The Federal Bureau of Investigation released new guidelines for when its agents can pose as journalists, now requiring top brass to OK the undercover work.
As iMediaEthics previously reported, the FBI allowed an agent back in 2007 to impersonate an Associated Press journalist with a fake Seattle Times news story in an attempt to get spyware on a suspect’s computer. The fakery wasn’t revealed until 2014, at which point the AP and Seattle Times strongly protested, noting that it could cause their journalists to be treated like government agents. FBI director James Comey argued its action were “proper and appropriate.”
This week, the Associated Press reported that a Sept. 15 inspector general report revealed the FBI now mandates “top-level approval before agents can pose as journalists.” The report is published here.
“Under an interim policy approved in June, agents may impersonate journalists only if it is done as part of an undercover operation and only after authorization from a special committee at headquarters and the FBI’s deputy director,” the AP reported. “The inspector general recommended that the FBI update its undercover policy guide to incorporate that new policy.”
When asked for comment about the news, The Associated Press pointed iMediaEthics to its a statement saying it was “deeply disappointed” and asked FBI agents to stop posing as reporters.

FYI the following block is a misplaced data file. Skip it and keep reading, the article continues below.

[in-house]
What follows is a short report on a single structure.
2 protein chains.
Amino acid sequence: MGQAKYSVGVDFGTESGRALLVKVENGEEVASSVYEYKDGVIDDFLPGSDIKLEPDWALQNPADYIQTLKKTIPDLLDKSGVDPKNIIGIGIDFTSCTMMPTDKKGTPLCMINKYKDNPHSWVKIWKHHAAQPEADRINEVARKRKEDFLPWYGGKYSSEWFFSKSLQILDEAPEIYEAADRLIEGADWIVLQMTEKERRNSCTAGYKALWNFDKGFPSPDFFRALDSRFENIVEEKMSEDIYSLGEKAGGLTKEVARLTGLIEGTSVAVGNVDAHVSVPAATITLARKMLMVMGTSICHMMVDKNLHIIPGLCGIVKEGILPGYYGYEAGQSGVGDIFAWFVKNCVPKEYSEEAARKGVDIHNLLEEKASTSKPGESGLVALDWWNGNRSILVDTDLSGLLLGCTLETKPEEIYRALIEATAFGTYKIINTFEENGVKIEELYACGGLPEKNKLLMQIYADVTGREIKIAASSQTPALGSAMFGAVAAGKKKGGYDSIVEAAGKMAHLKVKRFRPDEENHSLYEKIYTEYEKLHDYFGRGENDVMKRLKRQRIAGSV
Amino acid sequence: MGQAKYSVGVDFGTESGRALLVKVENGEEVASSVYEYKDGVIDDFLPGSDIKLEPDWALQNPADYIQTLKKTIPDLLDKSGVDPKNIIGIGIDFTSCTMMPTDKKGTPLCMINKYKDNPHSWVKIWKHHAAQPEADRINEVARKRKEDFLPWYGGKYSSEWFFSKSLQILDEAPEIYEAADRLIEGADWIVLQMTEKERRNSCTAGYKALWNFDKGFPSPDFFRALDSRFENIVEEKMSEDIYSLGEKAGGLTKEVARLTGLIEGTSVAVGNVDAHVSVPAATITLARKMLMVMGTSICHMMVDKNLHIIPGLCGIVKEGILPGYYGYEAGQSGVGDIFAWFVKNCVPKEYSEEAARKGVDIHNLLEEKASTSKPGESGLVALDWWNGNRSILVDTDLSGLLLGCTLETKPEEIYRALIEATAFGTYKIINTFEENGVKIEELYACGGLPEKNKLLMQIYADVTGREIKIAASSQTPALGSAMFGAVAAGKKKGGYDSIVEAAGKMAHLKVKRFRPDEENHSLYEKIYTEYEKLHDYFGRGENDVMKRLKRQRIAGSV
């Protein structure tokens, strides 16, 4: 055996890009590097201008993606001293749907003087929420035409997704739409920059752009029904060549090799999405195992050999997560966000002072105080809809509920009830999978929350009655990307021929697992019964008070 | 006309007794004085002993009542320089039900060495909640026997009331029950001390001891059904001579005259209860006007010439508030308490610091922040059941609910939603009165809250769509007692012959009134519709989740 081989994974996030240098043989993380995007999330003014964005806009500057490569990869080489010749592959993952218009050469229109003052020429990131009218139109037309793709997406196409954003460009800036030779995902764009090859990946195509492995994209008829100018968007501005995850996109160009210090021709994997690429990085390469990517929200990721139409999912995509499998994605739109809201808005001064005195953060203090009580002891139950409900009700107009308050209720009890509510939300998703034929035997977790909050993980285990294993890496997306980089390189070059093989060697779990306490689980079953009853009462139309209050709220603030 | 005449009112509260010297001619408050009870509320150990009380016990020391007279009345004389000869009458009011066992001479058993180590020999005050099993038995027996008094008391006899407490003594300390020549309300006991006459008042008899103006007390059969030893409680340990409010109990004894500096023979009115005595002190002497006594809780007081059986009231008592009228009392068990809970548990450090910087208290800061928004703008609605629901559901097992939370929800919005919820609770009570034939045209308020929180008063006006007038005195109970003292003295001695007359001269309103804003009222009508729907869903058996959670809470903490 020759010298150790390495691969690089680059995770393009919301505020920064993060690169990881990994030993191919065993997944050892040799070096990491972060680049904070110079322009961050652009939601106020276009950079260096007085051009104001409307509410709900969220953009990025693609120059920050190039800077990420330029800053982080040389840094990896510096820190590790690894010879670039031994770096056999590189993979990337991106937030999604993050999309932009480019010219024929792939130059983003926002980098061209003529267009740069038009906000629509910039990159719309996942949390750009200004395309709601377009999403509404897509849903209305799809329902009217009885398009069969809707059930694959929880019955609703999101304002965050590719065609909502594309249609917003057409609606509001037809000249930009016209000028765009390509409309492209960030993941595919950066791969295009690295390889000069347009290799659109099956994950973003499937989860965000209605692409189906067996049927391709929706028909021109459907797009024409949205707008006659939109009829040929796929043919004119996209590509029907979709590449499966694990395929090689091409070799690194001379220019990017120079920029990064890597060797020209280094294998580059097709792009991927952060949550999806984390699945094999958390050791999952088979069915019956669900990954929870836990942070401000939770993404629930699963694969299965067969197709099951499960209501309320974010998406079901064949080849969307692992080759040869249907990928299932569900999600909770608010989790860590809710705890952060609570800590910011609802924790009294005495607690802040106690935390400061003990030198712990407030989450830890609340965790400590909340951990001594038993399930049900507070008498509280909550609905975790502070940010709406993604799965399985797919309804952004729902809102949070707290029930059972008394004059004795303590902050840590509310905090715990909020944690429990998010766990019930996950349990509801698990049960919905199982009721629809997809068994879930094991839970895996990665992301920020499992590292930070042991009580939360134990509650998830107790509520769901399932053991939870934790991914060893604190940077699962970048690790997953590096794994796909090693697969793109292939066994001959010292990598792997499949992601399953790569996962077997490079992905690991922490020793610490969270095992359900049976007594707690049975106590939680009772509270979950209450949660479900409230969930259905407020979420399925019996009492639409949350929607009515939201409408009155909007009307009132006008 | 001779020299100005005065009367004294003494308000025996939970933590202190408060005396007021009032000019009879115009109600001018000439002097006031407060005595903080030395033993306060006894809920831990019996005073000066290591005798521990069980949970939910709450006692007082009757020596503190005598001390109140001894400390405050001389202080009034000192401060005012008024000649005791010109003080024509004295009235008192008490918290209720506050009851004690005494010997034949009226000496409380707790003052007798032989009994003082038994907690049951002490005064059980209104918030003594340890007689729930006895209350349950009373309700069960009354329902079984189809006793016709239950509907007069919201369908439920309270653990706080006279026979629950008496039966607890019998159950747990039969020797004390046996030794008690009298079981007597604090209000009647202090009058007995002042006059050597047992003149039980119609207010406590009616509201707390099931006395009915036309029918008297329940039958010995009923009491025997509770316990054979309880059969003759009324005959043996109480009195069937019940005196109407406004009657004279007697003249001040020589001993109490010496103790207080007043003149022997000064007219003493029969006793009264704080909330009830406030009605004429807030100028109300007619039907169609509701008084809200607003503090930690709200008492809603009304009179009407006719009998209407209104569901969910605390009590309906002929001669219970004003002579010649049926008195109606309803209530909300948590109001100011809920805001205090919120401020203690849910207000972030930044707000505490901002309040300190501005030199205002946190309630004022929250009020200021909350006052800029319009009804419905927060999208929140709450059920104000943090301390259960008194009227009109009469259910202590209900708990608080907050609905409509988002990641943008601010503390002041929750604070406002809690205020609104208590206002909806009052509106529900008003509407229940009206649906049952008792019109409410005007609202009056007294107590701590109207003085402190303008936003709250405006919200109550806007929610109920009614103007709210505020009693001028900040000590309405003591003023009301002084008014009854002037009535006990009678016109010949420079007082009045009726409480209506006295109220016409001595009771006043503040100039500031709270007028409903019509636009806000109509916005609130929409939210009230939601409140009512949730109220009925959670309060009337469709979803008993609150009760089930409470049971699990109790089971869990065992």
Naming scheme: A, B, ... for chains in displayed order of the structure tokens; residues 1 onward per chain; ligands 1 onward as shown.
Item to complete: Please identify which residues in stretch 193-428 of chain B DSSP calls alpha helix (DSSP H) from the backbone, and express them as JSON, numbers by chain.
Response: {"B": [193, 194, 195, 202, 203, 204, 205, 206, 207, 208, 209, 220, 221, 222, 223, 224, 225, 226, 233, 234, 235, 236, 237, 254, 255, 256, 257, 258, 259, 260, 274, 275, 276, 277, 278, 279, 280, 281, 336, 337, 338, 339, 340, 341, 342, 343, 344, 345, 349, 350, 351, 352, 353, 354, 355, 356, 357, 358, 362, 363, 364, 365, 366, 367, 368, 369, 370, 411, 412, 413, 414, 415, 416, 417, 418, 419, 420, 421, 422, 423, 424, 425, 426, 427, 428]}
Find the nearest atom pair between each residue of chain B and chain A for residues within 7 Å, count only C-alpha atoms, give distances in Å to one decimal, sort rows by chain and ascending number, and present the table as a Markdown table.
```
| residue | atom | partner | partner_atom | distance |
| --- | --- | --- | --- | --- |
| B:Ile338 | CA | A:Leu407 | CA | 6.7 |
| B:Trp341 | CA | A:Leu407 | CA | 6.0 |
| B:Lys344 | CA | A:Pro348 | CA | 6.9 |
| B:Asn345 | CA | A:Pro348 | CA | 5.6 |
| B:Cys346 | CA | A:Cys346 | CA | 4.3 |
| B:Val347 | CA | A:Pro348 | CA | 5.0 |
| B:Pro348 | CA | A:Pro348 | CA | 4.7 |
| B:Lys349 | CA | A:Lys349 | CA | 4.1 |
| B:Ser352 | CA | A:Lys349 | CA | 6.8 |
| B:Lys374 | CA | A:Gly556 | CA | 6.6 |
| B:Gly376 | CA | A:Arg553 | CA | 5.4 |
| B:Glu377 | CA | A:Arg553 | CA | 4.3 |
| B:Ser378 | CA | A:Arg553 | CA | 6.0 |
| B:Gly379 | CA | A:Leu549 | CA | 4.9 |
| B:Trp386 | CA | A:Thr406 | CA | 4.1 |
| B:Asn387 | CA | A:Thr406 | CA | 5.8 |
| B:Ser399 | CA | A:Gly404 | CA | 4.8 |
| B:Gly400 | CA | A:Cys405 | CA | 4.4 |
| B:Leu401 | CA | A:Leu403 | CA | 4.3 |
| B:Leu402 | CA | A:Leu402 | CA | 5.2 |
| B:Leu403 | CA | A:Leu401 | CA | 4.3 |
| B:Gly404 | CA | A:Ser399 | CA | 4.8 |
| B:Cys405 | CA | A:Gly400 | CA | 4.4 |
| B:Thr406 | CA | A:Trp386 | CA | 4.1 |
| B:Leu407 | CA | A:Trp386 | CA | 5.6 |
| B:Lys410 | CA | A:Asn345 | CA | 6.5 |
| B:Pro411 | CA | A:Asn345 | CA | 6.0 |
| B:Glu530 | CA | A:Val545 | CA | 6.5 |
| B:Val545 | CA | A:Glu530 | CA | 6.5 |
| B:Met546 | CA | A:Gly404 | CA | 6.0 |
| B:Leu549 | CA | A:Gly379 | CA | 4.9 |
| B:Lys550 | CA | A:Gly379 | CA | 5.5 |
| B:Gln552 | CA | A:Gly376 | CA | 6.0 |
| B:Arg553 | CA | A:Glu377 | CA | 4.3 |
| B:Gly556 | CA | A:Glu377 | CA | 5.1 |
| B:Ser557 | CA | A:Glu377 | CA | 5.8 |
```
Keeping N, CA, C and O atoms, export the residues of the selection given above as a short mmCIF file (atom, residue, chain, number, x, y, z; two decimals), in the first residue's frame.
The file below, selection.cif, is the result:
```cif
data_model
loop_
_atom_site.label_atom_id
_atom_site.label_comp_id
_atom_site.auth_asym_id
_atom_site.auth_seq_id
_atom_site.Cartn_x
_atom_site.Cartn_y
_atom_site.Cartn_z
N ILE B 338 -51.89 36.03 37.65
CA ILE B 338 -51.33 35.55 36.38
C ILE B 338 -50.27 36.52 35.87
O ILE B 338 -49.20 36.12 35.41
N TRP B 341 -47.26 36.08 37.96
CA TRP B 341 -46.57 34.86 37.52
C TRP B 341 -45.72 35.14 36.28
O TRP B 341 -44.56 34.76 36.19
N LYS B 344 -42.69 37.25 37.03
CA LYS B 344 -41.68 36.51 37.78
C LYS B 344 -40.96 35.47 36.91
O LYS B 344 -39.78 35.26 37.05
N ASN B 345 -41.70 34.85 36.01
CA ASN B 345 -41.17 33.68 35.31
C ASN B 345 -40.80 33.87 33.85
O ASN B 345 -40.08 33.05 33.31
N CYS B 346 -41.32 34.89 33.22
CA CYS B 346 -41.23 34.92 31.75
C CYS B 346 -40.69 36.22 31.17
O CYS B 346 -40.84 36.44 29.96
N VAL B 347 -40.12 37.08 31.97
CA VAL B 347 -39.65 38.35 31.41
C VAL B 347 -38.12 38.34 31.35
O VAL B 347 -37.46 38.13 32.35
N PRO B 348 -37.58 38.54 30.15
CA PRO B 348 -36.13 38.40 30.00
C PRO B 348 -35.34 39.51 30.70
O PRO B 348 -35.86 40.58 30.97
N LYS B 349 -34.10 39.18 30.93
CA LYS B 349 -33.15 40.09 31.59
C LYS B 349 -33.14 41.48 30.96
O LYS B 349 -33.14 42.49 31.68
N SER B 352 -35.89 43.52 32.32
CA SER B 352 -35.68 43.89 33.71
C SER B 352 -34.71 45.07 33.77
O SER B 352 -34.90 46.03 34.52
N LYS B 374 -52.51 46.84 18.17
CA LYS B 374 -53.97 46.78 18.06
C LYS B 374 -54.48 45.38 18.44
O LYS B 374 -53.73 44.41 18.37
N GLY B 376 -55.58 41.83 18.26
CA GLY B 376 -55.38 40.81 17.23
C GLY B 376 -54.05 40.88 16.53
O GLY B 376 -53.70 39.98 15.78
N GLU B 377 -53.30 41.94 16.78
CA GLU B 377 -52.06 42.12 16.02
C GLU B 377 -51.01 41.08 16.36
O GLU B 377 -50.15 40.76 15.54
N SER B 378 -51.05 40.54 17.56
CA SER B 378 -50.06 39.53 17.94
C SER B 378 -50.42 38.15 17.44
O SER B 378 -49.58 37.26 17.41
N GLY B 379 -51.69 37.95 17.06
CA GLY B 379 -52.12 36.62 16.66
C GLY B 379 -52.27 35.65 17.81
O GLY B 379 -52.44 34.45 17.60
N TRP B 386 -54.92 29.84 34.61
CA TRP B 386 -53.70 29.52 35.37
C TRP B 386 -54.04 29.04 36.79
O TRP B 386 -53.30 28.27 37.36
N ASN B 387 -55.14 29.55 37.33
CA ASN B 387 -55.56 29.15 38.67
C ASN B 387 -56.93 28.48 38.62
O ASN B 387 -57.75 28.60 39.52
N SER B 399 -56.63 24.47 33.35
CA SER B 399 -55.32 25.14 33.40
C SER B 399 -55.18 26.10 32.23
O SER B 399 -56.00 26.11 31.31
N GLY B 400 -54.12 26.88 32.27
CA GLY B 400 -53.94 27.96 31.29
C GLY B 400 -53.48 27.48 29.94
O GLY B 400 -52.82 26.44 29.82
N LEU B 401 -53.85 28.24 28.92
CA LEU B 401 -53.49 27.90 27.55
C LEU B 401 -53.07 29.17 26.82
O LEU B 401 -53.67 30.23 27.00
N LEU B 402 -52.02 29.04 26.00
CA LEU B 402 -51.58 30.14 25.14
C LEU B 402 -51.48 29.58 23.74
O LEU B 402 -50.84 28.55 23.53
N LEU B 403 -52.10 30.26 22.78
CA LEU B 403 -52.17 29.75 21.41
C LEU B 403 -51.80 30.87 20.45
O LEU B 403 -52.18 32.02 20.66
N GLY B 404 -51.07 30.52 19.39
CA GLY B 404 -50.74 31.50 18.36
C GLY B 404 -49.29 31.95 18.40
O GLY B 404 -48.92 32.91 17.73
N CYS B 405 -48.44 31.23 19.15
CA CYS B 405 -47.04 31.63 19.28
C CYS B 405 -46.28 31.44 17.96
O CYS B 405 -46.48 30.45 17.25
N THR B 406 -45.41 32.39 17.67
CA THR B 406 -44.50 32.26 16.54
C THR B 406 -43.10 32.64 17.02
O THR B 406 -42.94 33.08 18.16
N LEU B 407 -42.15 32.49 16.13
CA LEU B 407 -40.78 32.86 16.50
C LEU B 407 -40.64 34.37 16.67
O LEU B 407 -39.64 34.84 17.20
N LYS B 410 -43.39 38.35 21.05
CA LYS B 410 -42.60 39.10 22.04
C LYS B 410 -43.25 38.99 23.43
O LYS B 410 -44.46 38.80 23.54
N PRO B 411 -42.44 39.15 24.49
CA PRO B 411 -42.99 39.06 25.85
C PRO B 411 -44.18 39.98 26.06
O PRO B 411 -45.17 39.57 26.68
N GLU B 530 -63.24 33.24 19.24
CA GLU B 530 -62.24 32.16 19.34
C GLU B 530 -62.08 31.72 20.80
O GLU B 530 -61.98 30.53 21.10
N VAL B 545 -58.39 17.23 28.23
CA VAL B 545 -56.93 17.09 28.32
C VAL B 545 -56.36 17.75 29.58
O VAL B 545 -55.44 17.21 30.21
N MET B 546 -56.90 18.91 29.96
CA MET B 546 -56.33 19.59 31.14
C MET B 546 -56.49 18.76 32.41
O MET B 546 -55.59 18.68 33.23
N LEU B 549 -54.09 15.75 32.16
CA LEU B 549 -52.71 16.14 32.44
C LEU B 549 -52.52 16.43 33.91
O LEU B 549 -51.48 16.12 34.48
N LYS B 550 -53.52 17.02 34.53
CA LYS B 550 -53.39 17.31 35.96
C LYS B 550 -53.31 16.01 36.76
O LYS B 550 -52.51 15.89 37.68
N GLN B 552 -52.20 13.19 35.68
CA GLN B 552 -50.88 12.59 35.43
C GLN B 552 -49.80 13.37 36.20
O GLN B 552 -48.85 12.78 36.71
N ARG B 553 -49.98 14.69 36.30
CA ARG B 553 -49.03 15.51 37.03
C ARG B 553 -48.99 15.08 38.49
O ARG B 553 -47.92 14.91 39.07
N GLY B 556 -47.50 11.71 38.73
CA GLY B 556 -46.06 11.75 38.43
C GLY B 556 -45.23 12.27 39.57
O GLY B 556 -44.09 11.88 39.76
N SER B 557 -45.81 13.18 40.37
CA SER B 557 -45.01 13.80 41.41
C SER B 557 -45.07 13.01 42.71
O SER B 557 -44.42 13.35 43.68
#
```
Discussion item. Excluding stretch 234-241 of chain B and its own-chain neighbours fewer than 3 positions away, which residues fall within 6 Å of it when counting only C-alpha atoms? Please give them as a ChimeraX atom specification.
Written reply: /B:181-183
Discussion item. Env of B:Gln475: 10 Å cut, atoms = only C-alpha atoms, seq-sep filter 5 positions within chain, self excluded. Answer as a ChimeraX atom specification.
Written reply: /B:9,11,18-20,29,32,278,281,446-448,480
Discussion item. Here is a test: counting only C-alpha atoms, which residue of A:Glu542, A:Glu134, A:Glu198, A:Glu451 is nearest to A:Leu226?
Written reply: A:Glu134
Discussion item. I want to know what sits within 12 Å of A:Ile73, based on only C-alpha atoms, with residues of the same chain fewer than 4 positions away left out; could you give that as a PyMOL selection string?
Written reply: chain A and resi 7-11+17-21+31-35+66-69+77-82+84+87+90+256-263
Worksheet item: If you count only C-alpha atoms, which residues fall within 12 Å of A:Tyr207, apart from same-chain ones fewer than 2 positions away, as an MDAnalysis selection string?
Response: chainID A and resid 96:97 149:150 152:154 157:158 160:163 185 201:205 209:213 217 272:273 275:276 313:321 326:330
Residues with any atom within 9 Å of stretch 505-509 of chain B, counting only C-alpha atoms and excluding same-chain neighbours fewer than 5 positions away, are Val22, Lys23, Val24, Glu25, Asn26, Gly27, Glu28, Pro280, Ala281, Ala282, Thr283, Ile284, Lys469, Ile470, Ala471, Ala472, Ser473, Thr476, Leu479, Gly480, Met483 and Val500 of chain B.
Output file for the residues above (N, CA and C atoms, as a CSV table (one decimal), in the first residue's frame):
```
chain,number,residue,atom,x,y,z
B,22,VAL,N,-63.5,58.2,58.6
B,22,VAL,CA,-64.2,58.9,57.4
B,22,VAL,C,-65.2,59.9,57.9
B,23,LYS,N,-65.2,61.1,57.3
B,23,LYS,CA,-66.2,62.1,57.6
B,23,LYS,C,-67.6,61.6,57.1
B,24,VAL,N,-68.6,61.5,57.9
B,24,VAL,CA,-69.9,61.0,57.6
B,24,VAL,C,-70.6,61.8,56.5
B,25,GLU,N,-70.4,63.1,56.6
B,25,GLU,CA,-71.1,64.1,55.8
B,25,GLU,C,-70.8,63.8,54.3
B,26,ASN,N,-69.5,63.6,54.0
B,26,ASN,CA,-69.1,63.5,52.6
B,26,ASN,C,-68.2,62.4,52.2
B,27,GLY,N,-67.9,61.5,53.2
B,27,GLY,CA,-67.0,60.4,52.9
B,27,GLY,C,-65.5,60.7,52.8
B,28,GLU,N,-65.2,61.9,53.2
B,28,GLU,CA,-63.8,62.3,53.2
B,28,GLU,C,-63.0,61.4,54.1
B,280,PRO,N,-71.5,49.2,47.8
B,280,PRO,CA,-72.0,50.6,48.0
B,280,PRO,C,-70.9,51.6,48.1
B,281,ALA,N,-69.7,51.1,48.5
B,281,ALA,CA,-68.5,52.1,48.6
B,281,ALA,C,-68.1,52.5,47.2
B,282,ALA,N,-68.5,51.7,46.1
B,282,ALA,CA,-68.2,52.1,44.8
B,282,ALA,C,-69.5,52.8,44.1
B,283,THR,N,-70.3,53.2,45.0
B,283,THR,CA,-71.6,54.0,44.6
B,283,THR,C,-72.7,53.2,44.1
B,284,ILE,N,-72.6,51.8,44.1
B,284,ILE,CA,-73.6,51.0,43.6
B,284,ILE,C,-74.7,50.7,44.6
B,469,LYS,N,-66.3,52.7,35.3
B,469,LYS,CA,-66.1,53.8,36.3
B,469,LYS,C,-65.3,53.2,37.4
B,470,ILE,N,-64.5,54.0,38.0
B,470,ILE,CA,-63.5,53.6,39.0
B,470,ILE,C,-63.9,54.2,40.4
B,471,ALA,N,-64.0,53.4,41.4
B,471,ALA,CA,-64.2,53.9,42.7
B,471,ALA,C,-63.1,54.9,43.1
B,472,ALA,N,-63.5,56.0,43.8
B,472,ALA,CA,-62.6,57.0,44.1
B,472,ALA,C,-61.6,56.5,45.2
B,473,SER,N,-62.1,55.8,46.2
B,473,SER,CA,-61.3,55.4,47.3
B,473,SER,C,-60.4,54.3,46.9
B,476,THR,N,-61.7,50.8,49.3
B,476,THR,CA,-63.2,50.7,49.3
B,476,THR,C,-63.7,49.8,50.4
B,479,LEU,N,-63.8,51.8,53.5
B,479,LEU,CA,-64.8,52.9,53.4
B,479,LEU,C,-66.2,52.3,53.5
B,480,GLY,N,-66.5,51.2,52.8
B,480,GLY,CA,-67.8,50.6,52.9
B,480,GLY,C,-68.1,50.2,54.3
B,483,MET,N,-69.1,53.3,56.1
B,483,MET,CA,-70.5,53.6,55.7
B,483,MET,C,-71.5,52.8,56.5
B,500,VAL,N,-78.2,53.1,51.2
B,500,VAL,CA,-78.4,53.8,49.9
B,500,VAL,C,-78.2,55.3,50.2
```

The Associated Press is deeply disappointed by the inspector general’s findings, which effectively condone the FBI’s impersonation of an AP journalist in 2007,” AP spokesperson Paul Colford said in a statement on its website. “Such action compromises the ability of a free press to gather the news safely and effectively and raises serious constitutional concerns. Once again AP calls on the government to refrain from any activities involving the impersonation of the news media and we demand to be heard in the development of any policies addressing such conduct.
The Reporters Committee for Freedom of the Press issued a Sept. 15 statement from its steering committee chairman David Boardman saying RCFP “is deeply troubled” by the FBI ever allowing its agents to pose as journalists.
“Such a policy can seriously damage both the public’s trust in its free press and the ability of journalists to hold government accountable,” RCFP said. “We urge the Justice Department to take seriously the need for reform and the importance of protecting the integrity of the newsgathering process.”
UPDATED: 9/20/2016 10:36 AM EST